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Example of a Six-Step Routine for Vocabulary Instruction

by Dr. Jennifer Schnakenberg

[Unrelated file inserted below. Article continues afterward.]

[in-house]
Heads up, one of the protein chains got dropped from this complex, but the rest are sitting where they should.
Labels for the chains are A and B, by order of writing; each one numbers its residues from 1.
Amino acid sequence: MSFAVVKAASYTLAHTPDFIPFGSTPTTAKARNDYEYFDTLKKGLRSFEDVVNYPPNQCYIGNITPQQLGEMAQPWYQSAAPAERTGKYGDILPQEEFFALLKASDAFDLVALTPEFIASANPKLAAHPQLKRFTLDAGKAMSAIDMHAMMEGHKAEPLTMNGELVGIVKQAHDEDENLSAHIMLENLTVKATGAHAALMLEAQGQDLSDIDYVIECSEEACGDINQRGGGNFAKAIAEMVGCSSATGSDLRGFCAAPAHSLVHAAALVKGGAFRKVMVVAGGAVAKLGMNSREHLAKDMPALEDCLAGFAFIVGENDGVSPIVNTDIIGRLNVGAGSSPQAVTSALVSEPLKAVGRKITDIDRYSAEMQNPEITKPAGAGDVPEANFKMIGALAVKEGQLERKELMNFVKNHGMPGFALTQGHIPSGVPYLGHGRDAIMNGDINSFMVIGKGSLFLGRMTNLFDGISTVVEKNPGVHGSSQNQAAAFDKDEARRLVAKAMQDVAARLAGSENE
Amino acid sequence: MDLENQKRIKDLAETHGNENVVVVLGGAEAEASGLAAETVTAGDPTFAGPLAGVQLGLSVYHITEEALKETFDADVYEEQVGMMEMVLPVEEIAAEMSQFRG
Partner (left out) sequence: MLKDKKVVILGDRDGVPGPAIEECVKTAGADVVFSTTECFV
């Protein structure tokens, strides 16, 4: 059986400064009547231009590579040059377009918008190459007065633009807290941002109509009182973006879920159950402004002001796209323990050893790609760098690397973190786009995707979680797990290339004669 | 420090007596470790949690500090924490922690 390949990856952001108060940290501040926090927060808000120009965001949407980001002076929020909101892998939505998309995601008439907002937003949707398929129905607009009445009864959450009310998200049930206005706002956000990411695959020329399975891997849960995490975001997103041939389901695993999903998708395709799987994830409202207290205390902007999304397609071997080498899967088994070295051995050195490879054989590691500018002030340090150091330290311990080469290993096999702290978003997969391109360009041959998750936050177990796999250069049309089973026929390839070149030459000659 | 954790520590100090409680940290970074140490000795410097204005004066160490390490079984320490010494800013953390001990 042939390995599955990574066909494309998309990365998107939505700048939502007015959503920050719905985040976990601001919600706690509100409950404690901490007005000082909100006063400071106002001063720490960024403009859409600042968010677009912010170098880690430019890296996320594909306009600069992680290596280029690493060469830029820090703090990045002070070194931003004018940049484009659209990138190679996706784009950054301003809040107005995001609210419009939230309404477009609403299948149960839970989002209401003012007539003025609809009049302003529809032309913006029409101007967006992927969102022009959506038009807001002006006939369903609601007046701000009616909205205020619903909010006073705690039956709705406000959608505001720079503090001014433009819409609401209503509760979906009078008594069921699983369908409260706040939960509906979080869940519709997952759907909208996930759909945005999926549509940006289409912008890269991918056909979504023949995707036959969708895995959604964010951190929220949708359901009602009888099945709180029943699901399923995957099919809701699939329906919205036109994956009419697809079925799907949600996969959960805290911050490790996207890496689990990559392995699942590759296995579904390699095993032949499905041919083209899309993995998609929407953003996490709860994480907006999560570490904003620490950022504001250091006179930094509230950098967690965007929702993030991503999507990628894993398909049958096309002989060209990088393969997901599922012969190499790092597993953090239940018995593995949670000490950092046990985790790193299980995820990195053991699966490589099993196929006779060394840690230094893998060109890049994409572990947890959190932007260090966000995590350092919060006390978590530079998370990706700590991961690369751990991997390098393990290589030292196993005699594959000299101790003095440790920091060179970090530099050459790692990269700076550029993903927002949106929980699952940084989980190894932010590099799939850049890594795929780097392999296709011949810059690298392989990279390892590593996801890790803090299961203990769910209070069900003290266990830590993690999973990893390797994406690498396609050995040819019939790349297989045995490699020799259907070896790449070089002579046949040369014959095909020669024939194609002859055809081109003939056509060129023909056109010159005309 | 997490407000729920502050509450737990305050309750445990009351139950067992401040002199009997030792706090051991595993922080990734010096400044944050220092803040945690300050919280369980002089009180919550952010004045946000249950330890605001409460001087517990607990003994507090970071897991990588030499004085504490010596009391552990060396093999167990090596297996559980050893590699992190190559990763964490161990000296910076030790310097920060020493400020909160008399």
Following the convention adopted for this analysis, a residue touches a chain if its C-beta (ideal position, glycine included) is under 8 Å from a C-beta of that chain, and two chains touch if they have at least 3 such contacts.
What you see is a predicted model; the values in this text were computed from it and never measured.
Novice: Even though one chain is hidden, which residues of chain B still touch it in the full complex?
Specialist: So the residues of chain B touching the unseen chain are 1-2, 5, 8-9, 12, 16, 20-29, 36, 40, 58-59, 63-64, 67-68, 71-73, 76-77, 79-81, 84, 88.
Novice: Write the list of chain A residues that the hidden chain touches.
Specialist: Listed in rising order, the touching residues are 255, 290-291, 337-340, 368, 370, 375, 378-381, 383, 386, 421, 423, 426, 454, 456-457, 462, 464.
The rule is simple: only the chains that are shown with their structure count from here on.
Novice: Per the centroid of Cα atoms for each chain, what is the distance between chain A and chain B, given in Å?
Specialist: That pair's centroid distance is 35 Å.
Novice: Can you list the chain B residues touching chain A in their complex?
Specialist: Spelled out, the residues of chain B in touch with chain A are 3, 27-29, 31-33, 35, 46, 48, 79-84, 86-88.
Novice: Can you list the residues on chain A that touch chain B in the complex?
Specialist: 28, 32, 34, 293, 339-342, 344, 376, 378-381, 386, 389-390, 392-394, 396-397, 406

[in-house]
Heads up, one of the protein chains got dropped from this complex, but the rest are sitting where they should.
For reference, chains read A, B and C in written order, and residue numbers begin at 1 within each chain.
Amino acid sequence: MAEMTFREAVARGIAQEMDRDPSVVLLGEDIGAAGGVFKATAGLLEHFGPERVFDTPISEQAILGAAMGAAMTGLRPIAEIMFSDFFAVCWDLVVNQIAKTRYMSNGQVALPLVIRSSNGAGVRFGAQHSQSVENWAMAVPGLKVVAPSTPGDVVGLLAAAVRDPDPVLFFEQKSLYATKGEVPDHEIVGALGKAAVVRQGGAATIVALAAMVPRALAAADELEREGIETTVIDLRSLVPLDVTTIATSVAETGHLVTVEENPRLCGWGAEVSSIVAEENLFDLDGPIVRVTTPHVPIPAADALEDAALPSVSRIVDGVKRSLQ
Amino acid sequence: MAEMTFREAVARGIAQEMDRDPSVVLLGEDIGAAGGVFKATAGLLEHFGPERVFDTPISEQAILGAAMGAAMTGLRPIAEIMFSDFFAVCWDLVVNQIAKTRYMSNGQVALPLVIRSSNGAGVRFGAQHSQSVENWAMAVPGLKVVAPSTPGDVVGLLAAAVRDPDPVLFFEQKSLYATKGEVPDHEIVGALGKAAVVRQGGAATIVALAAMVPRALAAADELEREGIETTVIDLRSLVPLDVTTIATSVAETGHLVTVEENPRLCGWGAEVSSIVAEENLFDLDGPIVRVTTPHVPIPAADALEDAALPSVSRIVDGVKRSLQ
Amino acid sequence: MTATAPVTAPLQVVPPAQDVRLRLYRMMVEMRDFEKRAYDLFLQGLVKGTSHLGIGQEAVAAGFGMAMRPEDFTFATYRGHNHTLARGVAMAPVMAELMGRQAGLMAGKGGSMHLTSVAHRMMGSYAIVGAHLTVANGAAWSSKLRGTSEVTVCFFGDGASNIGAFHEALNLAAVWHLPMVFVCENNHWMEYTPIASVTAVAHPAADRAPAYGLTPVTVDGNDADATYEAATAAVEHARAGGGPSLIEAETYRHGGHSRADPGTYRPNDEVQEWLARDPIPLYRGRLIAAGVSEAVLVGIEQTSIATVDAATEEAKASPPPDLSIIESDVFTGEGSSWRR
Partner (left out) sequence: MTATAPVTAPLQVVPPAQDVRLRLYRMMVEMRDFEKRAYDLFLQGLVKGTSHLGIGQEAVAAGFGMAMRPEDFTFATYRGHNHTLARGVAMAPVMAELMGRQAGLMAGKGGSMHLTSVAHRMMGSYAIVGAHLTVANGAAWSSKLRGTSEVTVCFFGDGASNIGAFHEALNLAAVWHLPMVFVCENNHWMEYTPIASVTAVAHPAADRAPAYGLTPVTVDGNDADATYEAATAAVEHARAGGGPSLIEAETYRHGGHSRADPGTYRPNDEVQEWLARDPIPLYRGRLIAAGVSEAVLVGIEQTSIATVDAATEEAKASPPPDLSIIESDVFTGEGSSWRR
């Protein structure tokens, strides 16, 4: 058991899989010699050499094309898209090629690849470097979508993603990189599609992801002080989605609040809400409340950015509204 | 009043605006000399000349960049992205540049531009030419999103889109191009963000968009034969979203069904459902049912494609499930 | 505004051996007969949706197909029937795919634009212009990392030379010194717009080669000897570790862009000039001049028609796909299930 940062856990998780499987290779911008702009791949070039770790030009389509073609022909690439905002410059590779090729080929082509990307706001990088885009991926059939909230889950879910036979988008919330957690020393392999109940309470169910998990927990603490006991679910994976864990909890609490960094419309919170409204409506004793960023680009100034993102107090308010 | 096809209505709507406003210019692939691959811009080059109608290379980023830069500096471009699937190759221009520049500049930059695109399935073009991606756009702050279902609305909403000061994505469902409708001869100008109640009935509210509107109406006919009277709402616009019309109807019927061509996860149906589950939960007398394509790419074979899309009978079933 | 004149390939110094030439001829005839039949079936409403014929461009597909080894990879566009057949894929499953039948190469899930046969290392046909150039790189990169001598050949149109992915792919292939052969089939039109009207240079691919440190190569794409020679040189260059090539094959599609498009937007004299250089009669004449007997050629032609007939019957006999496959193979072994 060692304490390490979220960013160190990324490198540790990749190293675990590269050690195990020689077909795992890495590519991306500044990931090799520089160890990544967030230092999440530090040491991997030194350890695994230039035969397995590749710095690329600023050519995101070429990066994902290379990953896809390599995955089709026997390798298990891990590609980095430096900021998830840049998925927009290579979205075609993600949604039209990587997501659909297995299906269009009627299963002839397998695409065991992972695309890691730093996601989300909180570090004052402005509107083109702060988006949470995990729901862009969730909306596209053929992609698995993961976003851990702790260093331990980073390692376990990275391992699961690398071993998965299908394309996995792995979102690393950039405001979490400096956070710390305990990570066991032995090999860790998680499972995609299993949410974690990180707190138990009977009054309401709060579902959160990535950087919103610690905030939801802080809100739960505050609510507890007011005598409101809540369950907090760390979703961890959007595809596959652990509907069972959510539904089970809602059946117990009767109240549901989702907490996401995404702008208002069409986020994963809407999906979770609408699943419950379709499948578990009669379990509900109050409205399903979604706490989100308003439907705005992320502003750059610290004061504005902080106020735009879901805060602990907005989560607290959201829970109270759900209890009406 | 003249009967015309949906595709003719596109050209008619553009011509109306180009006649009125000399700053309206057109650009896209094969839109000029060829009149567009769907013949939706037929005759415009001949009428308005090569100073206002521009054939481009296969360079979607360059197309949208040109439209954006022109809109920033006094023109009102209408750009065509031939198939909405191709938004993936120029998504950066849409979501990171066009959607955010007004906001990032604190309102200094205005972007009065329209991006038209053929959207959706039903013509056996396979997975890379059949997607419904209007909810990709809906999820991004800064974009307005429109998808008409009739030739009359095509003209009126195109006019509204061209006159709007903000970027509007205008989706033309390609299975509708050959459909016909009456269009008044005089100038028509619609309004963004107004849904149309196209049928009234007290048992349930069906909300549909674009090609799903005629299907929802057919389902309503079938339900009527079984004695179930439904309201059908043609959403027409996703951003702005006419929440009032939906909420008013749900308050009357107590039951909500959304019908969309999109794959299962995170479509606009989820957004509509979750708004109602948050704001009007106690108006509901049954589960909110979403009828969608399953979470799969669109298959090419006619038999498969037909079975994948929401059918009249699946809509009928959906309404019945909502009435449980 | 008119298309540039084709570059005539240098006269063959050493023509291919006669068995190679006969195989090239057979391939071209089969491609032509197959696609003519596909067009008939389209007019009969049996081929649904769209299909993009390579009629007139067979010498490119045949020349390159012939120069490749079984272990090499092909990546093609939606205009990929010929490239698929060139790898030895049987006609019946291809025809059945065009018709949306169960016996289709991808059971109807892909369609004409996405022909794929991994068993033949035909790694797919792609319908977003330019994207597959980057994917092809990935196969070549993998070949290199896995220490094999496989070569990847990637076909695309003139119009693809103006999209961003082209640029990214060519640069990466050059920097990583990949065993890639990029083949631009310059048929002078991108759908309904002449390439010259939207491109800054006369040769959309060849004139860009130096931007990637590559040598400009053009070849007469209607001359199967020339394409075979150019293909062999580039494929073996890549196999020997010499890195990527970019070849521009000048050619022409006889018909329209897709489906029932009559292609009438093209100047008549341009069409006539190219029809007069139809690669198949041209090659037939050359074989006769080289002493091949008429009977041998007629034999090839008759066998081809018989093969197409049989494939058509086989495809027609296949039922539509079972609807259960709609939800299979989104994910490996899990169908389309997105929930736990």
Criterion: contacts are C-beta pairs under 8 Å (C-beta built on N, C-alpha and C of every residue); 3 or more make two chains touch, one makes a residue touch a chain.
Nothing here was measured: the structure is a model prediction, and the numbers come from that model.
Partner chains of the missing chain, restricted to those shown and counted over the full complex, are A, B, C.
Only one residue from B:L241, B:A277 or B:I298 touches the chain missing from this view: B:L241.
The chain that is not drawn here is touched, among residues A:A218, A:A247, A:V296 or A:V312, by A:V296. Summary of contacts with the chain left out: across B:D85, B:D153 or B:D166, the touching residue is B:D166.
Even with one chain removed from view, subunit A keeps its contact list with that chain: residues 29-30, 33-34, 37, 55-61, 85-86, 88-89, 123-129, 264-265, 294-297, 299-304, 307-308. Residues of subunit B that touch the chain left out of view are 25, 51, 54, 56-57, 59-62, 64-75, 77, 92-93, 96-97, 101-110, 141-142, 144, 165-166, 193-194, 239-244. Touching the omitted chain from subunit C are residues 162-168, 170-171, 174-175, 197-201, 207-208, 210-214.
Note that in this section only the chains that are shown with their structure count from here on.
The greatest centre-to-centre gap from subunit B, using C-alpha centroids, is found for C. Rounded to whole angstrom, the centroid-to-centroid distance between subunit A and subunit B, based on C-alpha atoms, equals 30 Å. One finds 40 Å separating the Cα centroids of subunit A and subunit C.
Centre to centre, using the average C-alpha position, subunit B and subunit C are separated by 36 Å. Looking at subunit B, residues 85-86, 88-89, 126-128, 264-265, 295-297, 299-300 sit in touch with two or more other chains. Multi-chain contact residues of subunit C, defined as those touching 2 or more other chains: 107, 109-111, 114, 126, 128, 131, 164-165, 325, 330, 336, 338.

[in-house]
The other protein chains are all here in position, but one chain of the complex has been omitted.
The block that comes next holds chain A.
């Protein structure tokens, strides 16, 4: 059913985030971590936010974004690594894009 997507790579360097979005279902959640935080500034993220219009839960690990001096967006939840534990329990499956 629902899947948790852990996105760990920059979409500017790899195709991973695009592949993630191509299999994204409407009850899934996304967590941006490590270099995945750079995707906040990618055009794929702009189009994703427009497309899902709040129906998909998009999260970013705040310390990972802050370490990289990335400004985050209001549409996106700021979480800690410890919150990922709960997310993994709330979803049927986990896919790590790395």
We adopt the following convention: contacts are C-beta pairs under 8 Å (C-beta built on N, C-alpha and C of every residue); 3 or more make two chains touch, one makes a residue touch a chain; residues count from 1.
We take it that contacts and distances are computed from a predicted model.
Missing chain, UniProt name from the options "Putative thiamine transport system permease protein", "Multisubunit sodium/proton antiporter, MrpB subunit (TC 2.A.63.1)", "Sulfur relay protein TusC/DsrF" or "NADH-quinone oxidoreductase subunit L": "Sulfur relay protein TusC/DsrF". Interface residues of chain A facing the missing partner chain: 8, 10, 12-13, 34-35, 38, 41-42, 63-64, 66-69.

Step 1 tells us to have students say the word. In order to do this, I like to say the word aloud and then ask students to echo, or repeat the word. I do this several times so that students are comfortable with producing the word and all of its sounds. Then, I show them the word. I like to use a word card, but I know some teachers use a PowerPoint presentation or write the word on the board. Regardless, the students will need to see the word spelled out so that they can “read” the word. I reread the word to students and have them echo at least three more times so that by the time we are ready to move to Step 2, students have produced the new vocabulary word at least six times. As you know, if students are not ever asked to produce new words, the likelihood that they will ever say or learn the words diminishes significantly. Step 2 is to provide a definition of the word, using student-friendly explanations and visuals. In order to find definitions that my students can comprehend, I use websites that offer definitions for kids (e.g., www.ldoceonline & and student dictionaries that I have in my classroom. The more accessible I can make the word meaning, the more likely it is that my students will use the word and retain the word meaning. I use visuals as often as I can with words that have concrete meanings. If my students can act out words, I have them do that as well. With more abstract words, I am careful that the pictures are not too confusing or convoluted for my students to make the necessary connections. Step 3 is where I have students discuss what is known about the word. It is important that in Step 2, I have been very explicit about the word meaning and have brought in any information that will help my students connect the new vocabulary to something that they know and can make sense of as they connect it to something else. If I have done a great job on Step 2, Step 3 is a place where my students can talk about their connections with the word and meaning (and visuals, if applicable). I usually have my students work in partners so that they can Think-Turn-Talk during Step 3. This means that I have them Think about what I have introduced about the new vocabulary word in Step 2, Turn to their partner, and Talk about what they know about the word. Think-Turn-Talk is a wonderful routine that I use often in my class. Using it during this explicit vocabulary routine is a great way to facilitate understanding, model sharing between students, and listen to connections that students are making with the new word. Step 4 tells us to provide examples and nonexamples of the word. This is where I spend time providing students the ways that the word can be correctly used and also including synonyms for the word, as appropriate. The best use of my time in Step 4 is to make sure that I am showing ways that the word connects to other ideas, concepts, and skills that the students know and understand. The best way to help students retain new vocabulary learning is to connect it to their background and prior knowledge about ideas, concepts, and skills related to the new vocabulary. It is important that we do not overload students with too many nonexamples in this step of the process. In some cases, nonexamples lend themselves to making important distinctions for students as they work to comprehend a word. The caution here is that if there are too many nonexamples provided, students will tend to remember the nonexamples as examples rather than have a meaningful and true understanding of the target word. During this step, I am careful to use the word in the same form in which I introduced it and defined it. It is not helpful to our students if we start using morphological variations of words at this point in the direct instruction process. For example, if the target word that we have taught up to this point is discover, then it is important that we do not start using similar words like discovery, discovers, or discovered.